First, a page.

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Mendel Medal Lecturer 2013

We are delighted to announce that Professor Stanislas Leibler of the Institute of Advanced Study Princeton and The Rockefeller University New York, has been awarded the 2013 Mendel Medal, and will deliver a lecture at the Genetics Society Autumn meeting on Nov 7-8, 2013 at the Royal Society of London. The field of genetics has greatly benefited from scientists who were originally trained in physics, such as Gregor Mendel and Francis Crick. 
Their physics background led them to formulate biological questions from a fresh perspective, and gave them a deep appreciation of how mathematical concepts could be applied to experimental problems. This approach also underlies the work of Stanislas Leibler who obtained a PhD in theoretical physics in 1981 and a second PhD in physics in 1984 at the University of Paris.

Professor Leibler started to apply his mind to biological problems in 1992 when he moved to Princeton University. He asked himself how multiple gene products could interact to produce the robust phenotypic outcomes observed in nature. Using a combination of theoretical and experimental approaches, he showed that network architecture played a critical role in robustness, using the processes of bacterial chemotaxis to illustrate his point. He went on to show how an understanding of genetic networks could be used to engineer particular phenotypes such as logical circuits or oscillators. These findings both clarified and validated our notions of gene interaction, and were landmark studies in the growing fields of Systems and Synthetic Biology.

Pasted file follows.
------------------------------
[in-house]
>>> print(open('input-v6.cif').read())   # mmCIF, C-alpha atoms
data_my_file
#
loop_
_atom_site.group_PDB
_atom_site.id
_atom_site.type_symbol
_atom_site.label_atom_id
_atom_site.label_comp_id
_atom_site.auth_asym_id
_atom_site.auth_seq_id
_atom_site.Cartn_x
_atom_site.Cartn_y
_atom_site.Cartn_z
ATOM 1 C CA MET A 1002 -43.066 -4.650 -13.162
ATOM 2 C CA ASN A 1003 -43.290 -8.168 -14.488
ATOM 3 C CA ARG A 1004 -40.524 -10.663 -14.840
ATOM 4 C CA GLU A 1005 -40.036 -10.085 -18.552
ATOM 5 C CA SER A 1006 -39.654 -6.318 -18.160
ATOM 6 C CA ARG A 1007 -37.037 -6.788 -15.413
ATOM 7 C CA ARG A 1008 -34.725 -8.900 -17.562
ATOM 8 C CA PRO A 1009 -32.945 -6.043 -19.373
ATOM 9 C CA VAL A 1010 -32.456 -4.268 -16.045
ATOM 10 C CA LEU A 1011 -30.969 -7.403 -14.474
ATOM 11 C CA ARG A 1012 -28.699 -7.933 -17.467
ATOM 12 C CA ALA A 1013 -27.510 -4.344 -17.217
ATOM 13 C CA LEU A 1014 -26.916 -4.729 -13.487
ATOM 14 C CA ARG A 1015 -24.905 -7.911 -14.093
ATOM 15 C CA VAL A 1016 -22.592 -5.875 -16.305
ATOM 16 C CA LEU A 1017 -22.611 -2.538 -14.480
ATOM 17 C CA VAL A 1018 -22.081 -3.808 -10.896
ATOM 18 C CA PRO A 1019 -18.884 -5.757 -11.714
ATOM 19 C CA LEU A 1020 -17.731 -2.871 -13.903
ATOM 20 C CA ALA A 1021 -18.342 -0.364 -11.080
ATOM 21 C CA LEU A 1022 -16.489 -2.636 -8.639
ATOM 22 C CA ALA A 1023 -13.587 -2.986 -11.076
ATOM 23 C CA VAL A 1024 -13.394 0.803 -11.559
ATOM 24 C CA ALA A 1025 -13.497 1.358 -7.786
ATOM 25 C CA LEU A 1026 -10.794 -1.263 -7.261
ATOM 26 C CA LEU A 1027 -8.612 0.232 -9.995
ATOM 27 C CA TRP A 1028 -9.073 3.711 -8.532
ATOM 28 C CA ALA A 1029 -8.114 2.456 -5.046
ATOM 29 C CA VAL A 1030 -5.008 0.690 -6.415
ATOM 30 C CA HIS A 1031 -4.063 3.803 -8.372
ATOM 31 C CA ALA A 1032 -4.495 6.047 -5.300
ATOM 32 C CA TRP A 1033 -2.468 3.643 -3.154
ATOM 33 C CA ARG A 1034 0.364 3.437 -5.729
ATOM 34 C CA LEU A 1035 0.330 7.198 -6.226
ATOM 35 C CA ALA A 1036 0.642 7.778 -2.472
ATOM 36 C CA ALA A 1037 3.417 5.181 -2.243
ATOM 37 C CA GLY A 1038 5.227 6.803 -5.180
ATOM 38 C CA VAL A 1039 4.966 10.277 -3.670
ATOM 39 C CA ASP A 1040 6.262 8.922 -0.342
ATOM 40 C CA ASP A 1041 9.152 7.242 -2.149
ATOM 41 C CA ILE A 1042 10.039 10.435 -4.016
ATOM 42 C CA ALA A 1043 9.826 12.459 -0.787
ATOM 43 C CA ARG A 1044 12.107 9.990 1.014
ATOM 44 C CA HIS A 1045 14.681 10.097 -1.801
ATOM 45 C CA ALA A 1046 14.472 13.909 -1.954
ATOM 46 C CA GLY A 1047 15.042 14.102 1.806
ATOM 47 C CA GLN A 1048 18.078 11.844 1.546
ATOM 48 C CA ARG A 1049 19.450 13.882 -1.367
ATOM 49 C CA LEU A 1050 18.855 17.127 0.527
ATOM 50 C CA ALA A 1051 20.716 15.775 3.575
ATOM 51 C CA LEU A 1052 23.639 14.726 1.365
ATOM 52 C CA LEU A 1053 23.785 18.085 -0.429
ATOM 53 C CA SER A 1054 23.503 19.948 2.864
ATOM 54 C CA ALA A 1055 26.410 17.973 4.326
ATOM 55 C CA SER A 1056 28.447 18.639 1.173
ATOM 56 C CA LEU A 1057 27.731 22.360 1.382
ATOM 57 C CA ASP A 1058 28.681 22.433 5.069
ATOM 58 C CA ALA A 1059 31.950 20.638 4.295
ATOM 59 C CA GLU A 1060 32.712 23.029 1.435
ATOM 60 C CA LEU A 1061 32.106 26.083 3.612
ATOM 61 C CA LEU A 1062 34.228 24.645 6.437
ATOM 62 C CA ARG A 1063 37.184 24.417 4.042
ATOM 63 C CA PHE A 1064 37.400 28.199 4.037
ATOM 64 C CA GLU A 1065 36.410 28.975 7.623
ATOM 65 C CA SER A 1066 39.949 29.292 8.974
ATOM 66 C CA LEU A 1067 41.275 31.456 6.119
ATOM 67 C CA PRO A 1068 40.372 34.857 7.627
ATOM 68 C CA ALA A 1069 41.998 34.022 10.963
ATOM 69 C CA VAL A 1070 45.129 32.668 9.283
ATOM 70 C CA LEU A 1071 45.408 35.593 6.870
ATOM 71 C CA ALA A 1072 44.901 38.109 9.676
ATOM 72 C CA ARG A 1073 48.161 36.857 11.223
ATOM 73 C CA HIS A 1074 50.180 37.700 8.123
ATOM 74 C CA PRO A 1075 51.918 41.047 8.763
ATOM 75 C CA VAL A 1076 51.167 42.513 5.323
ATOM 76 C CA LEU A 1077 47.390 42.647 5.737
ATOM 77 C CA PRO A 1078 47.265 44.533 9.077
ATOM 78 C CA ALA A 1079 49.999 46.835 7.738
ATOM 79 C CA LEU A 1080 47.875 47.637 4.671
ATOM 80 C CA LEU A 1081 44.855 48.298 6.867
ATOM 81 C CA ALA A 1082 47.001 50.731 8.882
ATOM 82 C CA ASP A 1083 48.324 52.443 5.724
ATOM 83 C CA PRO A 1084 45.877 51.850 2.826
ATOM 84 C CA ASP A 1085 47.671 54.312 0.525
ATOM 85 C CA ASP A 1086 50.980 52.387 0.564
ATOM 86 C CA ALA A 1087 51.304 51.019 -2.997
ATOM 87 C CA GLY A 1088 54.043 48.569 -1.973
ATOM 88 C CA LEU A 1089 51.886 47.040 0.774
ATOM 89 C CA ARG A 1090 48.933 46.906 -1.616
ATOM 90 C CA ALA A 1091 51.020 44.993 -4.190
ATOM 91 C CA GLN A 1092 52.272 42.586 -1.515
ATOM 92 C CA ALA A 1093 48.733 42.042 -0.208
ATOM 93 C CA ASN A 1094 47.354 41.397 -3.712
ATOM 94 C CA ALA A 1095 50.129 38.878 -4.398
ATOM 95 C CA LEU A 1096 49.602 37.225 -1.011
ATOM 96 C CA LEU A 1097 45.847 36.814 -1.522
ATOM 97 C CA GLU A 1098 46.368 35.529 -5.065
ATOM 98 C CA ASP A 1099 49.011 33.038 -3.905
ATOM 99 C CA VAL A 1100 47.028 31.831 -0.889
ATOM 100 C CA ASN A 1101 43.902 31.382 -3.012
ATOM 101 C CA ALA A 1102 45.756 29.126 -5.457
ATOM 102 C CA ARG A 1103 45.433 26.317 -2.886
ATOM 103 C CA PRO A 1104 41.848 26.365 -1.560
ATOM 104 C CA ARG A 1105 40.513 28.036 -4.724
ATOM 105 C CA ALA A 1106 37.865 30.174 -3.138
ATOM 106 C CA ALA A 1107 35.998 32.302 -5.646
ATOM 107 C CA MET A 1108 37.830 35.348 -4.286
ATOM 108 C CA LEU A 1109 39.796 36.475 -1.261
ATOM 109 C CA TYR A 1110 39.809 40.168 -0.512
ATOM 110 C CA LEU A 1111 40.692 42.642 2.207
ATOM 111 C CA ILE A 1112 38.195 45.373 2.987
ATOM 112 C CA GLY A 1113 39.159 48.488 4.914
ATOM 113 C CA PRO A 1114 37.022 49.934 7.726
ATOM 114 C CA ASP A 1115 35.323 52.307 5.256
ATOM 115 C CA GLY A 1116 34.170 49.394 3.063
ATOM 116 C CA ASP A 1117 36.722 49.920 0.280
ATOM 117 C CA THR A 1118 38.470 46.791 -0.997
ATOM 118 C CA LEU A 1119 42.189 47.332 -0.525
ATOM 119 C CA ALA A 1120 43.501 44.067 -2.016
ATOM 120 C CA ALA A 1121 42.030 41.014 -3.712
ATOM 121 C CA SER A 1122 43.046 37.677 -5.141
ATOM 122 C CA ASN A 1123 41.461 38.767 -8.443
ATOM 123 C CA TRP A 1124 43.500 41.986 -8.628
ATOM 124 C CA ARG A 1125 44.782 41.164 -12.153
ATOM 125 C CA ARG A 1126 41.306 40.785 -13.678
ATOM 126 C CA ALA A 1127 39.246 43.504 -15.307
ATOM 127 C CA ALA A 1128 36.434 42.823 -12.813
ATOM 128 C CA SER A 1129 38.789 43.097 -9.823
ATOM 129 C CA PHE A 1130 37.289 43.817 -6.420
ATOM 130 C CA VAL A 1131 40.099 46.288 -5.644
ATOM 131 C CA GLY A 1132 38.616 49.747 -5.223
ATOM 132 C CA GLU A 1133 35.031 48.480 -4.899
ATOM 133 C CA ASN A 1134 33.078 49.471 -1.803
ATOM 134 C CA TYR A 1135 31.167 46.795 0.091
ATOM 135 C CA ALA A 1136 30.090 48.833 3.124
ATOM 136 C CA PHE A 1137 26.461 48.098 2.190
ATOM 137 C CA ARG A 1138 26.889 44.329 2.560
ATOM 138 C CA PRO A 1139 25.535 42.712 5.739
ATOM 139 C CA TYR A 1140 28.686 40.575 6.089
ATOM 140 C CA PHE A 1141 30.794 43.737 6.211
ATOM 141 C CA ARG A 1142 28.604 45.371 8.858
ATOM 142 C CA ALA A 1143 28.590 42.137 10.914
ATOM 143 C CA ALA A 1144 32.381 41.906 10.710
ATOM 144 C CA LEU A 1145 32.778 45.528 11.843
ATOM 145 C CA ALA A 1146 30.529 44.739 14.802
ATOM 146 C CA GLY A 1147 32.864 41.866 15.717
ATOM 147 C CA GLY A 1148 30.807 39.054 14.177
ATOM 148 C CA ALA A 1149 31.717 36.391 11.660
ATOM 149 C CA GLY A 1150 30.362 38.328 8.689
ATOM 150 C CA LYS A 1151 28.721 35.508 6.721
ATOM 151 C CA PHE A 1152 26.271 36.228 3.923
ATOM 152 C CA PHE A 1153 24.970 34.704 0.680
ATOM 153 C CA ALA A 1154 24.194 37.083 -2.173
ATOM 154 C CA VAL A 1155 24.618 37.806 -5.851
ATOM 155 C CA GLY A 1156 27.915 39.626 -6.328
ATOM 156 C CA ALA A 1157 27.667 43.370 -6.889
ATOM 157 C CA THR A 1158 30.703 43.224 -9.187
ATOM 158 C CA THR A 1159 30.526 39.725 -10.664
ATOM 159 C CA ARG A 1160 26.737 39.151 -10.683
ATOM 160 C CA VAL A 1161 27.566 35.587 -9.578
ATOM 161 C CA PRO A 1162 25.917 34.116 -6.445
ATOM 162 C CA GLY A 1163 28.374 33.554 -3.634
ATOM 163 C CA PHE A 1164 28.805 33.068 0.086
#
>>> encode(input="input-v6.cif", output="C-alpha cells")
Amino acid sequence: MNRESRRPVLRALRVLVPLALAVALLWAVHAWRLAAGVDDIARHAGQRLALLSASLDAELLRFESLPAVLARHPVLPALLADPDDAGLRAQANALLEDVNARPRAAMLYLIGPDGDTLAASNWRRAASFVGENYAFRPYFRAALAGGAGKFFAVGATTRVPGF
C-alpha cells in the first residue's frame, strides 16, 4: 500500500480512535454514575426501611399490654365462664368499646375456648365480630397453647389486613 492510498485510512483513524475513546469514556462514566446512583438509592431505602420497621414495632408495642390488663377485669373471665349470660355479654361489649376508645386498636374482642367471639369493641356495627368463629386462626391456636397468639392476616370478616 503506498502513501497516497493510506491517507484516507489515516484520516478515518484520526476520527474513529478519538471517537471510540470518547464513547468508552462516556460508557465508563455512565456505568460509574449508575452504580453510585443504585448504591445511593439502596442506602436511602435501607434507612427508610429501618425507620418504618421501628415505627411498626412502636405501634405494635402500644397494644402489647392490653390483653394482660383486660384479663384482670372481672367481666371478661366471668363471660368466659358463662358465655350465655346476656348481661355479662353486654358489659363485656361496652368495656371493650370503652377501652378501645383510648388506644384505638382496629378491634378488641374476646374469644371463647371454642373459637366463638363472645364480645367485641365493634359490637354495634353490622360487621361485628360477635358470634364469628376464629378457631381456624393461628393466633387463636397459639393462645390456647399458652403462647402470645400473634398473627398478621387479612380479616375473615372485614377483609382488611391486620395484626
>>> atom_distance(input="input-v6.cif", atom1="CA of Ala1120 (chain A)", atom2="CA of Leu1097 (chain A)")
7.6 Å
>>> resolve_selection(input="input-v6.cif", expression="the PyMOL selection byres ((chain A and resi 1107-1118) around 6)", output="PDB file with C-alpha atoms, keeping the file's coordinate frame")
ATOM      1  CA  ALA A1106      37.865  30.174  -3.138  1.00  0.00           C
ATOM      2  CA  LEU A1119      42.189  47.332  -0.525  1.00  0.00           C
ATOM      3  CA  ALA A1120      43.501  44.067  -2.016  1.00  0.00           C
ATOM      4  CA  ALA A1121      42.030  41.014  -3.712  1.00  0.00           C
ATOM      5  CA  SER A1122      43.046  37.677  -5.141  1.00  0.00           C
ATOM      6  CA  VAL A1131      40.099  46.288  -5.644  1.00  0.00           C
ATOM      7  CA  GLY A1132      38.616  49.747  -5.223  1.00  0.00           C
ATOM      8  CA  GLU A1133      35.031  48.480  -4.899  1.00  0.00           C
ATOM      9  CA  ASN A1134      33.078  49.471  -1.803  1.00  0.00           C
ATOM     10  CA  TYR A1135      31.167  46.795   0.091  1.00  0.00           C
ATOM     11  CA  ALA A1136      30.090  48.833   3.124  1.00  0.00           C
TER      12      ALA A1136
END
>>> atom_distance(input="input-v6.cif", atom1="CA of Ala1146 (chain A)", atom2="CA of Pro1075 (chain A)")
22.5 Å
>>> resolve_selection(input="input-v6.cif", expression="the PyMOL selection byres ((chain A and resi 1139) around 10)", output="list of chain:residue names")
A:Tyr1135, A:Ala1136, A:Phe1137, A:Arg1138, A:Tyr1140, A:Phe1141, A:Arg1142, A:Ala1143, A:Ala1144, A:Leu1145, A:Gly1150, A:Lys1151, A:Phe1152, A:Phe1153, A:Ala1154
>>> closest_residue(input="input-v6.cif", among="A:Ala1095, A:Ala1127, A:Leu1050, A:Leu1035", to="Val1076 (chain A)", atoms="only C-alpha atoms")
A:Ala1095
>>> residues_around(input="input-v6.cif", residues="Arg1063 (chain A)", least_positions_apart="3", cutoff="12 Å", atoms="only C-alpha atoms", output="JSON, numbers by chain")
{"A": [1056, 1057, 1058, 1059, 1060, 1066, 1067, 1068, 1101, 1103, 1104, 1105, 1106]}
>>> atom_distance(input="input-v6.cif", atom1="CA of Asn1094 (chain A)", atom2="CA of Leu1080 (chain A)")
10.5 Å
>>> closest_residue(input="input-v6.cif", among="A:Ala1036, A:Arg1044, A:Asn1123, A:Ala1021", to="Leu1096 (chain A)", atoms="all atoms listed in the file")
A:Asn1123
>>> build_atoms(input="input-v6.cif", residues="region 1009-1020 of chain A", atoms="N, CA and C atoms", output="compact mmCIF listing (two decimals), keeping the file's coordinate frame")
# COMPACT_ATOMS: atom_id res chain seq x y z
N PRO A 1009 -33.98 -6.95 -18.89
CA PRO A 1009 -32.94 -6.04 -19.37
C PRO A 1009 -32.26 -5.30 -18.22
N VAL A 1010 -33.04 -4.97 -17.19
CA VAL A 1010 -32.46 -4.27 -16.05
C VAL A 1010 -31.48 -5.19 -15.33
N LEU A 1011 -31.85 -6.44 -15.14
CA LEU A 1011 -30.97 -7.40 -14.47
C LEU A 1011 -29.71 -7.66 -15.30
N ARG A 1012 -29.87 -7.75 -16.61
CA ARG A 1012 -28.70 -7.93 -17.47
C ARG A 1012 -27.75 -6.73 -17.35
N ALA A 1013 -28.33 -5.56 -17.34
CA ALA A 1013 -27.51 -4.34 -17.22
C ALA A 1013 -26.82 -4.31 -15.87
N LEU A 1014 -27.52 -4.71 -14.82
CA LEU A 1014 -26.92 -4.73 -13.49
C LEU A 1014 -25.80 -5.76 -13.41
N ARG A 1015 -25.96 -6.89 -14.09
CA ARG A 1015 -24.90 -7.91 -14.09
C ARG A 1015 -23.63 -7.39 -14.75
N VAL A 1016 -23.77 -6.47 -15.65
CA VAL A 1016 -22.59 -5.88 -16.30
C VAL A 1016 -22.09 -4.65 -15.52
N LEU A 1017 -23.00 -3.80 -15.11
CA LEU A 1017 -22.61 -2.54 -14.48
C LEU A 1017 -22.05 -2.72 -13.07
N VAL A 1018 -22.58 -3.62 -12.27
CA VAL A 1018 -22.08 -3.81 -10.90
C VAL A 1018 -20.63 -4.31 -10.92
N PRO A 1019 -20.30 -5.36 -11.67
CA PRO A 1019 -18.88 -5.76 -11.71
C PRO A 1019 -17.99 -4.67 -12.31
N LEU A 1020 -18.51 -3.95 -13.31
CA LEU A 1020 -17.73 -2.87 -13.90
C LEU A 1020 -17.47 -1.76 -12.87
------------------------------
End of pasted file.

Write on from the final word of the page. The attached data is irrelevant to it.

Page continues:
After the turn of the century Professor Leibler’s work started to take a more statistical and evolutionary slant as he became intrigued by the problem of bacterial persistence. This problem refers to the ability of a fraction of bacteriain a genetically homogeneous population to survive a stress such 
as exposure to antibiotics. Unlike resistant mutants, cells regrown from such persistent bacteria remain sensitive to the antibiotic. Leibler showed through quantitative measurements that bacterial persistence could be accounted for by a simple mathematical description in which cells have defined probabilities of switching between a fast growing form and a less susceptible slow growing form. This switching behaviour may confer a selective advantage in fluctuating environments, an example of bethedging. Leibler went on to address further evolutionary problems, such as the basis of cooperation between individuals, using an elegant combination of microbial gene engineering and mathematical analysis. In recognition of his seminal contributions to our understanding of gene action, Professor Leibler joins a list of illustrious Genetics Society Mendel Lecturers going back to 1958.